ALCON MANUFACTURING, LTD et al v. APOTEX INC. et al
ORDER on 9/26/08, Discovery Hearing: This patent lawsuit raises several discovery issues, one of which involves an electronically produced document containing privileged information, which requires the Court to consider waiver issues under the new Federal Rule of Evidence 502 and the governing protective order. The Court held a hearing on these matters, at which the parties presented evidence and argument (See Order). Signed by Magistrate Judge Tim A. Baker on 11/26/08.(SWM)
UNITED STATES DISTRICT COURT SOUTHERN DISTRICT OF INDIANA INDIANAPOLIS DIVISION ALCON MANUFACTURING, LTD, et al., Plaintiffs, vs. APOTEX INC. et al., Defendants. ORDER ON SEPTEMBER 26, 2008, DISCOVERY HEARING I. Introduction. This patent lawsuit raises several discovery issues, one of which involves an electronically produced document containing privileged information, which requires the Court to consider waiver issues under the new Federal Rule of Evidence 502 and the governing protective order. The Court held a hearing on these matters on September 26, 2008, at which the parties presented evidence and argument regarding: (1) Plaintiffs' contention that Defendants delete or return the document containing privileged information; (2) Plaintiffs' contention that the document containing privileged information be stricken from the expert's report; (3) Defendants' contention that Plaintiffs should produce consent forms used in clinical trials; and (4) Defendants' contention that Plaintiffs should produce documents relating to what will be termed the `863 patent. Both sides submitted lengthy post-hearing briefs. [Docket Nos. 91, 92.] For the reasons set forth below, the Court finds: (1) all copies of the document containing privileged information shall be deleted or returned to Plaintiffs and any references to it in any expert report ) ) ) ) ) ) )
shall be redacted; (2) Plaintiffs shall produce the consent forms used in the clinical trials; and (3) Plaintiffs shall produce documents relating to the `863 patent. II. Discussion. A. Use of Exhibit 71.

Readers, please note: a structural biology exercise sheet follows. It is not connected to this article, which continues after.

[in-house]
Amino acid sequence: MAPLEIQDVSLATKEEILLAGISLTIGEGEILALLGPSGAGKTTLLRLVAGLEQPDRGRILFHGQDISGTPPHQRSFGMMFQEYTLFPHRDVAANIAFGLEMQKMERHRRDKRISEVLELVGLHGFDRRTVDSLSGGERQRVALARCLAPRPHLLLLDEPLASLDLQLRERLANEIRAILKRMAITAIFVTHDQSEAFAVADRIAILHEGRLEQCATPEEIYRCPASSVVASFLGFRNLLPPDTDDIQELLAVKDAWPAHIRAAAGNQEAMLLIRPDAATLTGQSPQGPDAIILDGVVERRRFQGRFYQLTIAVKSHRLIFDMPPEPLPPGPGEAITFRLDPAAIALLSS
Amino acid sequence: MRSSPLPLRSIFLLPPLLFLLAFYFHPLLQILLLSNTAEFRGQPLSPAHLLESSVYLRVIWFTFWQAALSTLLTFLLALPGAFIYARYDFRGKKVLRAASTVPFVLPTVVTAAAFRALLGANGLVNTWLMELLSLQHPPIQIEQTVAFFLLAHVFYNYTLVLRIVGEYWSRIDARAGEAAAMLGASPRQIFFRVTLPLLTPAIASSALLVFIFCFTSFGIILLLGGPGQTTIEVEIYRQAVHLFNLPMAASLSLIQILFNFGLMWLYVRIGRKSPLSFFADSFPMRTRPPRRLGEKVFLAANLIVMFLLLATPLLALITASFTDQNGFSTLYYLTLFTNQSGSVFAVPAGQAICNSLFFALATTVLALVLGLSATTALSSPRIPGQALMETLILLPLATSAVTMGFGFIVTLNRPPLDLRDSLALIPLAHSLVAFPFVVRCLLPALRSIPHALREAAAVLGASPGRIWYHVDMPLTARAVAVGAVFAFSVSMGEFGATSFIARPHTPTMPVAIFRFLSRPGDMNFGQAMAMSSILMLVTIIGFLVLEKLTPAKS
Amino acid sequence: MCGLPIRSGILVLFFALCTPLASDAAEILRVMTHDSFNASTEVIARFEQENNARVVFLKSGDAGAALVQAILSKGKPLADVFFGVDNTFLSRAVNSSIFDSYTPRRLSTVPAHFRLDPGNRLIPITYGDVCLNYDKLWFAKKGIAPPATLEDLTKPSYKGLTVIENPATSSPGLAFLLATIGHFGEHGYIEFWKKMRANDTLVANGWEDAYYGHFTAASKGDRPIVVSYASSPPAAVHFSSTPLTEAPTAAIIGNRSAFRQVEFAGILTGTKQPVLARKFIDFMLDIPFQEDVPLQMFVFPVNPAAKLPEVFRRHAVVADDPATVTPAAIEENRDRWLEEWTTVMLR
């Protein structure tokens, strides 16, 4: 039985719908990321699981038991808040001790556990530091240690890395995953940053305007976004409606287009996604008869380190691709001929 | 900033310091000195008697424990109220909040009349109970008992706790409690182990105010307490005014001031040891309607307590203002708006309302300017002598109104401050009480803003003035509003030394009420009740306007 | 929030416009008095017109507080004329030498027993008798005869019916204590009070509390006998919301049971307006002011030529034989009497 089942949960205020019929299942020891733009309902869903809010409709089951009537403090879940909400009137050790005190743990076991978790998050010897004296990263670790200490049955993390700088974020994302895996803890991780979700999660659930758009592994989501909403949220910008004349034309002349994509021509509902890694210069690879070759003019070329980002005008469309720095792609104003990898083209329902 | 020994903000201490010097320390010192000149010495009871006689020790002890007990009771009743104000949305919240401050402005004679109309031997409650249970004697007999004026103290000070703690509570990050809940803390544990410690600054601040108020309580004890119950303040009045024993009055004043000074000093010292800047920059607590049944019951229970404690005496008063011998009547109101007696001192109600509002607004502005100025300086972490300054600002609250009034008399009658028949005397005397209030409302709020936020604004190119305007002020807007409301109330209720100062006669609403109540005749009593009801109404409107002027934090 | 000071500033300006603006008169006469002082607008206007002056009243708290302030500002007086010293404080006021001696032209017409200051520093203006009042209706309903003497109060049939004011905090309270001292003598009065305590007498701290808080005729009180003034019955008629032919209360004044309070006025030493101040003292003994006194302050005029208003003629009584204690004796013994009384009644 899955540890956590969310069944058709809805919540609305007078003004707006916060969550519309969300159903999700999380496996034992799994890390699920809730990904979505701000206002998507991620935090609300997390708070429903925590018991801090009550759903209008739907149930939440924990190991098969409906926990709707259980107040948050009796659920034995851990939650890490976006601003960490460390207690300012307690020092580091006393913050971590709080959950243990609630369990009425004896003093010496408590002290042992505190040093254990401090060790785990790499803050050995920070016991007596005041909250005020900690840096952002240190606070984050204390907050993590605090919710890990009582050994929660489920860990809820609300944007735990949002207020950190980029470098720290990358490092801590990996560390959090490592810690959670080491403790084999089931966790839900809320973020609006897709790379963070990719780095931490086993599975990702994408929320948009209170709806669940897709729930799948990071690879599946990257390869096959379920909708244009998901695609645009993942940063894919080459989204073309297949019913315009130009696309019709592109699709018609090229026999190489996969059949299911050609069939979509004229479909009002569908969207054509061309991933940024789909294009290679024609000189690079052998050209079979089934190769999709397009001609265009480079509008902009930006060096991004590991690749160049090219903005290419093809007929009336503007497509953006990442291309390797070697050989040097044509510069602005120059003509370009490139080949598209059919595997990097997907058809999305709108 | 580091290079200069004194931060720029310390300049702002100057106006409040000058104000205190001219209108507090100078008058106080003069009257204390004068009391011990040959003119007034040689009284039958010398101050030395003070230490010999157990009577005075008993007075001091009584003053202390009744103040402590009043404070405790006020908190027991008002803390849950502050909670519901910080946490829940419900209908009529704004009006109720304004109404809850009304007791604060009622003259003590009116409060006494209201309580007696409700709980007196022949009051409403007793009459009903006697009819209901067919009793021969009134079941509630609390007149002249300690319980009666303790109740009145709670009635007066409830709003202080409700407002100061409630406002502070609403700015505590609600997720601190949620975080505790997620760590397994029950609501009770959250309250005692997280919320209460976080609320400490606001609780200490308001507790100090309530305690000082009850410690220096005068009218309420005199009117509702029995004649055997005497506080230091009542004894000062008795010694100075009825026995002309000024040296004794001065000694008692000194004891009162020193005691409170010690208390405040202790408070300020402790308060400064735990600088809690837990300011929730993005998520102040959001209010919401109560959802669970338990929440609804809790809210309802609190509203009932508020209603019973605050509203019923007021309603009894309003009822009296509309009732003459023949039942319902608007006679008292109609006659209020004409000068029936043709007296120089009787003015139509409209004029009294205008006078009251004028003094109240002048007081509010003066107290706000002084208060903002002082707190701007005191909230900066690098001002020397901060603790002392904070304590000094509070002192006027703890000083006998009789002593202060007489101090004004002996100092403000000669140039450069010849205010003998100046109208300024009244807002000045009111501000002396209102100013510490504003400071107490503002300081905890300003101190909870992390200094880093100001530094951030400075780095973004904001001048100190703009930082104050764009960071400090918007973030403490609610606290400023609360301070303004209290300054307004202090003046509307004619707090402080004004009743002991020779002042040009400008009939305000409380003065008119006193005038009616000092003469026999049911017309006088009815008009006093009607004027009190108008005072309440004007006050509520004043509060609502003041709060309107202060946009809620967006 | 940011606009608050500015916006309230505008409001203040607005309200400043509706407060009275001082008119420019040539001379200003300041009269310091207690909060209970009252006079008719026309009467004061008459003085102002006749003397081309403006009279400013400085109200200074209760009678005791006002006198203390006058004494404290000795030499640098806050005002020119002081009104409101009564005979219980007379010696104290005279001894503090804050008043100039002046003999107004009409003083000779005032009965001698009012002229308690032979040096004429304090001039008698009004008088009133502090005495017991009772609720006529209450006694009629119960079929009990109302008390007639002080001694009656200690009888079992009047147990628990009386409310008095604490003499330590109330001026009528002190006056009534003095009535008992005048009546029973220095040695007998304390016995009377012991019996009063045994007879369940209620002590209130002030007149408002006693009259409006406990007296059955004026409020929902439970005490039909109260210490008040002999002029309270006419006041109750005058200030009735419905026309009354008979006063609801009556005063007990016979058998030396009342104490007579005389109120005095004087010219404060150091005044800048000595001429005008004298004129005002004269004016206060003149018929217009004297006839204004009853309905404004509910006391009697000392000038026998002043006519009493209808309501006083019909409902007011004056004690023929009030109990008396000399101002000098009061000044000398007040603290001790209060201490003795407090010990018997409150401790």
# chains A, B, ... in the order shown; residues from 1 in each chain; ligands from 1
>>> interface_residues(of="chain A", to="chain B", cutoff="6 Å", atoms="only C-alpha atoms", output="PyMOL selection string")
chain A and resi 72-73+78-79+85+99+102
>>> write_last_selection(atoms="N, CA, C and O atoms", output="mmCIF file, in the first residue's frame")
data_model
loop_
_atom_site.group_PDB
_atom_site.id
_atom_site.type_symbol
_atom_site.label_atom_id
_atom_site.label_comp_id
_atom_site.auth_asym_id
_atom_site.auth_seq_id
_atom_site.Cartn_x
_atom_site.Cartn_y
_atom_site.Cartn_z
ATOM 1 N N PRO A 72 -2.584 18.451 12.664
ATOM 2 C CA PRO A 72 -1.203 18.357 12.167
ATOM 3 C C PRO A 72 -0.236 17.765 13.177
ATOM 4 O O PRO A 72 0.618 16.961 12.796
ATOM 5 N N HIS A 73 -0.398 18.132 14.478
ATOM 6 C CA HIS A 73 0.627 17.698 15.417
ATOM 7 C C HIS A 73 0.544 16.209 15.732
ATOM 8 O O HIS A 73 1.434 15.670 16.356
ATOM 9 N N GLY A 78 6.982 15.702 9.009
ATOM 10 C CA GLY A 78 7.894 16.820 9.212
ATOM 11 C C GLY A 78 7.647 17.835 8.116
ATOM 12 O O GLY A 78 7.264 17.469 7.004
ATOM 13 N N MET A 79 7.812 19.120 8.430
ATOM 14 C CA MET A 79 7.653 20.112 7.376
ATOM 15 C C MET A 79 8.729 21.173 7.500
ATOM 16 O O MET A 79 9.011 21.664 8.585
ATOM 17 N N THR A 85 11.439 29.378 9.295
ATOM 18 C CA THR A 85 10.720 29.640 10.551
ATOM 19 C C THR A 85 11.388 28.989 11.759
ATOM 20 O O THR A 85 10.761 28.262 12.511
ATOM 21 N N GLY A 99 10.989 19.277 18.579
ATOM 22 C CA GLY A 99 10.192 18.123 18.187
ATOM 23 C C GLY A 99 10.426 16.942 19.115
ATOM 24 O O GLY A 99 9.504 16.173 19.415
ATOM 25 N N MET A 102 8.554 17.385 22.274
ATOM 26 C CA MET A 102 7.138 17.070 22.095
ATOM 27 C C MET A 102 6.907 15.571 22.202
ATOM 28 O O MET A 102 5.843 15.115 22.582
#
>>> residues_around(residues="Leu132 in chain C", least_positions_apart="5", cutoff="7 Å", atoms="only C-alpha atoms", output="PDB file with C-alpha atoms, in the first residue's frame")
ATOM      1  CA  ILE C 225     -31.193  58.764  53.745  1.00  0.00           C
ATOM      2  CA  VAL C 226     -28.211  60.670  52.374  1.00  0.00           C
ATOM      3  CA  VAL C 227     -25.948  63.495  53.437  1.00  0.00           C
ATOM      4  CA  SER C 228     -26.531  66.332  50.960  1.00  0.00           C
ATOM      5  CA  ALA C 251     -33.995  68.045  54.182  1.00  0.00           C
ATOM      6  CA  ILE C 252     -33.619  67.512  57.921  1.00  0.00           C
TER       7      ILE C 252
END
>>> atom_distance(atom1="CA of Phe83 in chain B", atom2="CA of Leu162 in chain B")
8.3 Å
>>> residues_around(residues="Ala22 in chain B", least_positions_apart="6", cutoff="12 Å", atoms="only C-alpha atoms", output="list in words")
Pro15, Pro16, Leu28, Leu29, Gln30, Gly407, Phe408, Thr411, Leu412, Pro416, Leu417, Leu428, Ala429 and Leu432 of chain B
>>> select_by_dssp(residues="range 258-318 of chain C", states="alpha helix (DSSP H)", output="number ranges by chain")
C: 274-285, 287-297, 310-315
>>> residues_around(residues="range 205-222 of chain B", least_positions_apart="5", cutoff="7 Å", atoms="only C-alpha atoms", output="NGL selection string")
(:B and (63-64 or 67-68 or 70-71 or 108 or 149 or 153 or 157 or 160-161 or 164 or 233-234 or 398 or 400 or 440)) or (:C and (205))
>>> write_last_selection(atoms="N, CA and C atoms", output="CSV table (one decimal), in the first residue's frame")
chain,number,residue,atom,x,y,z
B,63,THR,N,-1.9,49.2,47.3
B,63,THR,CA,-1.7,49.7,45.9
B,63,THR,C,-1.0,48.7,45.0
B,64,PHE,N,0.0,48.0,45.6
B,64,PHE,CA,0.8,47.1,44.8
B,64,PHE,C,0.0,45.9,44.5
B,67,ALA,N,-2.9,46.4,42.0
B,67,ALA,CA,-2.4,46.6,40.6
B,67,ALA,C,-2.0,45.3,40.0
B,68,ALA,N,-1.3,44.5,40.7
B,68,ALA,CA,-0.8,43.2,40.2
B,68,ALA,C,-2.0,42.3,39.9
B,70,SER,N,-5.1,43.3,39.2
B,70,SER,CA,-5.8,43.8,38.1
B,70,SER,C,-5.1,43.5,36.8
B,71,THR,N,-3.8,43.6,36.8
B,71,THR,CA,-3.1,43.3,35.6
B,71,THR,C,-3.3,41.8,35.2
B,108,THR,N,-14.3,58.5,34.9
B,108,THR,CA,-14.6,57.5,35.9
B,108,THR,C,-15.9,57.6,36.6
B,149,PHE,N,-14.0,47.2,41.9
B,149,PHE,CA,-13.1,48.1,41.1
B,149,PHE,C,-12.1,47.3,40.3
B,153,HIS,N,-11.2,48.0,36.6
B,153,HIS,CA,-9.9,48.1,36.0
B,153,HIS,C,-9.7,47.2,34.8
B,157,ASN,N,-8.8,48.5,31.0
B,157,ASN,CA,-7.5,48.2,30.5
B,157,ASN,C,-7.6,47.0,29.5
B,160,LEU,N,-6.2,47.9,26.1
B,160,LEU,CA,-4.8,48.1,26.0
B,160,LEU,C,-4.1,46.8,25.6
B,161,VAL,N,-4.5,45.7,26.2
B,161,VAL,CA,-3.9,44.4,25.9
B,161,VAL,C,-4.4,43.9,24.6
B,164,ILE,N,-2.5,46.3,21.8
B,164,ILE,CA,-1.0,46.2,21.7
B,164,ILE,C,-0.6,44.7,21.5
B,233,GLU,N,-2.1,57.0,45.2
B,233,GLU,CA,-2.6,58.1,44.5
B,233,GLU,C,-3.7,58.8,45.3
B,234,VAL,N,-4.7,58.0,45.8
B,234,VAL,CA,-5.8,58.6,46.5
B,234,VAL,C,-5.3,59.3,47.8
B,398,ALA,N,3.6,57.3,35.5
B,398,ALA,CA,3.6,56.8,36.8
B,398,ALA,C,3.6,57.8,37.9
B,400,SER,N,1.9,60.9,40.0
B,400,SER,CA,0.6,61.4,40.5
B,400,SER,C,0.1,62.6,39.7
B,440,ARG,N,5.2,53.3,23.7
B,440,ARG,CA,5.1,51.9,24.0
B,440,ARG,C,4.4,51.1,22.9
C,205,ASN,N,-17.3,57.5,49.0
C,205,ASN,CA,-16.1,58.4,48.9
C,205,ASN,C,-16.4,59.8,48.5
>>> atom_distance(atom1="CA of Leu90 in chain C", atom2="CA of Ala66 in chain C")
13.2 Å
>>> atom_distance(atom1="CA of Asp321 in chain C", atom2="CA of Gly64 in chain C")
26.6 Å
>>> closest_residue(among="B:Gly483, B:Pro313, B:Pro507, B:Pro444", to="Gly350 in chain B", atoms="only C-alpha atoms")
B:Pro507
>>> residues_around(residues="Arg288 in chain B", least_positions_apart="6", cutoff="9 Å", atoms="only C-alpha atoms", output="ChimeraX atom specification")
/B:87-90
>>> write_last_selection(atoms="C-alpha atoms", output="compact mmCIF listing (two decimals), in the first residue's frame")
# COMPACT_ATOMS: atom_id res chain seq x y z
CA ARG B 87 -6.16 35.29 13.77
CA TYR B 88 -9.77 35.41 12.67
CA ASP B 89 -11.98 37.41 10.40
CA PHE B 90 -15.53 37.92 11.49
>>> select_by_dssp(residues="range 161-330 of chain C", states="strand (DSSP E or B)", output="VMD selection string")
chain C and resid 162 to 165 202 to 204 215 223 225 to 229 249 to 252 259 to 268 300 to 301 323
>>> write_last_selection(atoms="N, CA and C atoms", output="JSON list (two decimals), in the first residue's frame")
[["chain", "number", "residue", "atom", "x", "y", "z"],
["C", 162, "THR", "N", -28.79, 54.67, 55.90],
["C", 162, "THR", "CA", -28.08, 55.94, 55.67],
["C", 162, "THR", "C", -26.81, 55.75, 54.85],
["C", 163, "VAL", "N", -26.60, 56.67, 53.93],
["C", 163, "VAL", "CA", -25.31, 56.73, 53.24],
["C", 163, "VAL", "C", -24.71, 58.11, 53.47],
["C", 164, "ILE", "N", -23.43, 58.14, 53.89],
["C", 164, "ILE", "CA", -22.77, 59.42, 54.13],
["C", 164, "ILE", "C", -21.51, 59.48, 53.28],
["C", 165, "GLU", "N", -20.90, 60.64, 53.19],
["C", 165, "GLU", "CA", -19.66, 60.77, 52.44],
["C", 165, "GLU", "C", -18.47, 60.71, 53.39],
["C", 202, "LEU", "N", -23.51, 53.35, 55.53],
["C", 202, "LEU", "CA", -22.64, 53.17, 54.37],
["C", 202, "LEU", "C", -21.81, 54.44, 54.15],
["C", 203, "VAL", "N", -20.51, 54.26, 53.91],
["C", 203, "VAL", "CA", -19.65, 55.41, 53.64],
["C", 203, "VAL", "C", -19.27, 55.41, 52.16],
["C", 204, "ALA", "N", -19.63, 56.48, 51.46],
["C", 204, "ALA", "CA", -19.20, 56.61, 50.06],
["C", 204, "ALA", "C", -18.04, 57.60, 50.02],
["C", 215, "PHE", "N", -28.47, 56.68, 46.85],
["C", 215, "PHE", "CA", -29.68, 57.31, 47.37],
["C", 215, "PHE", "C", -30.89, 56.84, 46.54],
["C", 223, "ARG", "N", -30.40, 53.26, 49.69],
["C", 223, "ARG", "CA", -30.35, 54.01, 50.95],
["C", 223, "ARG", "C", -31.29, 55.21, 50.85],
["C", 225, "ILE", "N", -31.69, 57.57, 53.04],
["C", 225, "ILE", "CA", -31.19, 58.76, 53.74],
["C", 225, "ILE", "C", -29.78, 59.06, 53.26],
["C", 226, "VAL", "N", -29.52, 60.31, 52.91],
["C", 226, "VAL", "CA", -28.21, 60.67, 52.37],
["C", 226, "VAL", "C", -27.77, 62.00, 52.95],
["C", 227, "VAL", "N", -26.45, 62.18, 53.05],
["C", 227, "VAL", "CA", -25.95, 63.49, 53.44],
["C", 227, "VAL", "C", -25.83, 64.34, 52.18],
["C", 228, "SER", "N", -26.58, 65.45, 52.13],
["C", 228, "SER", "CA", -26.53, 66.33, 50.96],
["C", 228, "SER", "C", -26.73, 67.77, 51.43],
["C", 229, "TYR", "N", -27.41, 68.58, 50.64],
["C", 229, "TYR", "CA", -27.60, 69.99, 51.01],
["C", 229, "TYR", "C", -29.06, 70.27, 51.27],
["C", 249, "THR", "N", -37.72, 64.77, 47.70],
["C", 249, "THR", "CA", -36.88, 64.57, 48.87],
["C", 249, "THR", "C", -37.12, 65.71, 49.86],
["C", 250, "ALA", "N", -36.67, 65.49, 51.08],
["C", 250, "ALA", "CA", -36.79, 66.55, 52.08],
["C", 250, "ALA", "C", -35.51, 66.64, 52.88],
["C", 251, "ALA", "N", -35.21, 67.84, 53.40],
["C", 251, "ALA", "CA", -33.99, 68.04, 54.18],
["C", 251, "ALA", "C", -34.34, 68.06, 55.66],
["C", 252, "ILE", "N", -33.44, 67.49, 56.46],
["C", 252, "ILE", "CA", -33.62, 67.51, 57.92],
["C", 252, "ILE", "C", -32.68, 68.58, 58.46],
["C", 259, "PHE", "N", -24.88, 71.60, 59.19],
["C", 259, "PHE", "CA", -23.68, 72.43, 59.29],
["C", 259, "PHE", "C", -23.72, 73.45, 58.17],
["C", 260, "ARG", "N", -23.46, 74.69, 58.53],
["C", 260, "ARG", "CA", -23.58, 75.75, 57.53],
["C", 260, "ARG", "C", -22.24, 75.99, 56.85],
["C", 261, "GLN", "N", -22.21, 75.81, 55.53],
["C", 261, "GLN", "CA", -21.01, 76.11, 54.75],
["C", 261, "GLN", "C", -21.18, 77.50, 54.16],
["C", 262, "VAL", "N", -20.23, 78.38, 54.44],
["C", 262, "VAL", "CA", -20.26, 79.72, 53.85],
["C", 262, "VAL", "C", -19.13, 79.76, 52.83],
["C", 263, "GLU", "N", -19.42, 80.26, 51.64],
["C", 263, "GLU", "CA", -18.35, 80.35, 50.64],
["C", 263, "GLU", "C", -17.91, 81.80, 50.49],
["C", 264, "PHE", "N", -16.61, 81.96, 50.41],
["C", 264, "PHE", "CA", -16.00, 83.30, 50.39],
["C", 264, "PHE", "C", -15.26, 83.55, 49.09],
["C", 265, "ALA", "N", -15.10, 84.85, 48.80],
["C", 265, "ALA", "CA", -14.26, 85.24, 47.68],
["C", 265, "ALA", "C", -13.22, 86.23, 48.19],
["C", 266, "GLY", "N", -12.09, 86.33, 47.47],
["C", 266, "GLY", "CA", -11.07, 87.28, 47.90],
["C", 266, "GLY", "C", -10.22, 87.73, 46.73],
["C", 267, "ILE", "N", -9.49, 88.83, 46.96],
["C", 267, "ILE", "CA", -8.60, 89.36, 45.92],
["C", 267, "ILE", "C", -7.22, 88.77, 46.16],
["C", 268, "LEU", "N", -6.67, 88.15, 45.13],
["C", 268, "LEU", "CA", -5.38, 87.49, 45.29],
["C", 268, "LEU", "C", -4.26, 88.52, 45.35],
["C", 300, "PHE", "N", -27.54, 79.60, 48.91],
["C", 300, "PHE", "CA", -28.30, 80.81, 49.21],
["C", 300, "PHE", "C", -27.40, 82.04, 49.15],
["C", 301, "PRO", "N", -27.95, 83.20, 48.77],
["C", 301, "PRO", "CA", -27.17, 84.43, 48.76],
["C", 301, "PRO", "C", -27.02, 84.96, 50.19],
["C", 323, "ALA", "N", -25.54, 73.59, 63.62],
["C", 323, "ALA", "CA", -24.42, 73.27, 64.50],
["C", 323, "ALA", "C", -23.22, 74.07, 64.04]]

Plaintiffs contend that Defendants are in violation of the Court's May 18, 2007, protective order because Defendants refuse to return or destroy all copies of a privileged document (Deposition Exhibit 71) inadvertently produced electronically, and because Defendants distributed this document to one or more of its experts. Plaintiffs request the Court to compel Defendants to return the document and redact those portions of the expert witness report that rely upon the document. Defendants acknowledge that the document in question is privileged, but argue that the protective order is not applicable to this document; that even if the protective order is applicable, Plaintiffs have waived attorney-client privilege; and that the crime fraud exception applies to the privilege asserted in this instance. 1. Background. Plaintiffs allege that Defendants' application to the United States Patent and Trademark Office ("PTO") seeking approval to manufacture and sell a generic version of an ophthalmic solution infringes Plaintiffs' U.S. Patent No. 5,641,805 ("the `805 patent") because this patent has not yet expired. [Docket No. ¶ 1.] Defendants contend that the `805 patent is invalid on several grounds, and they also contend that the `805 patent is unenforceable because it was obtained fraudulently and through inequitable conduct. The privileged document at issue, Exhibit 71, is a "Publications/Presentations Release Form" for the publication entitled "The in vitro and in vivo Ocular Pharmacology of AL-4943A,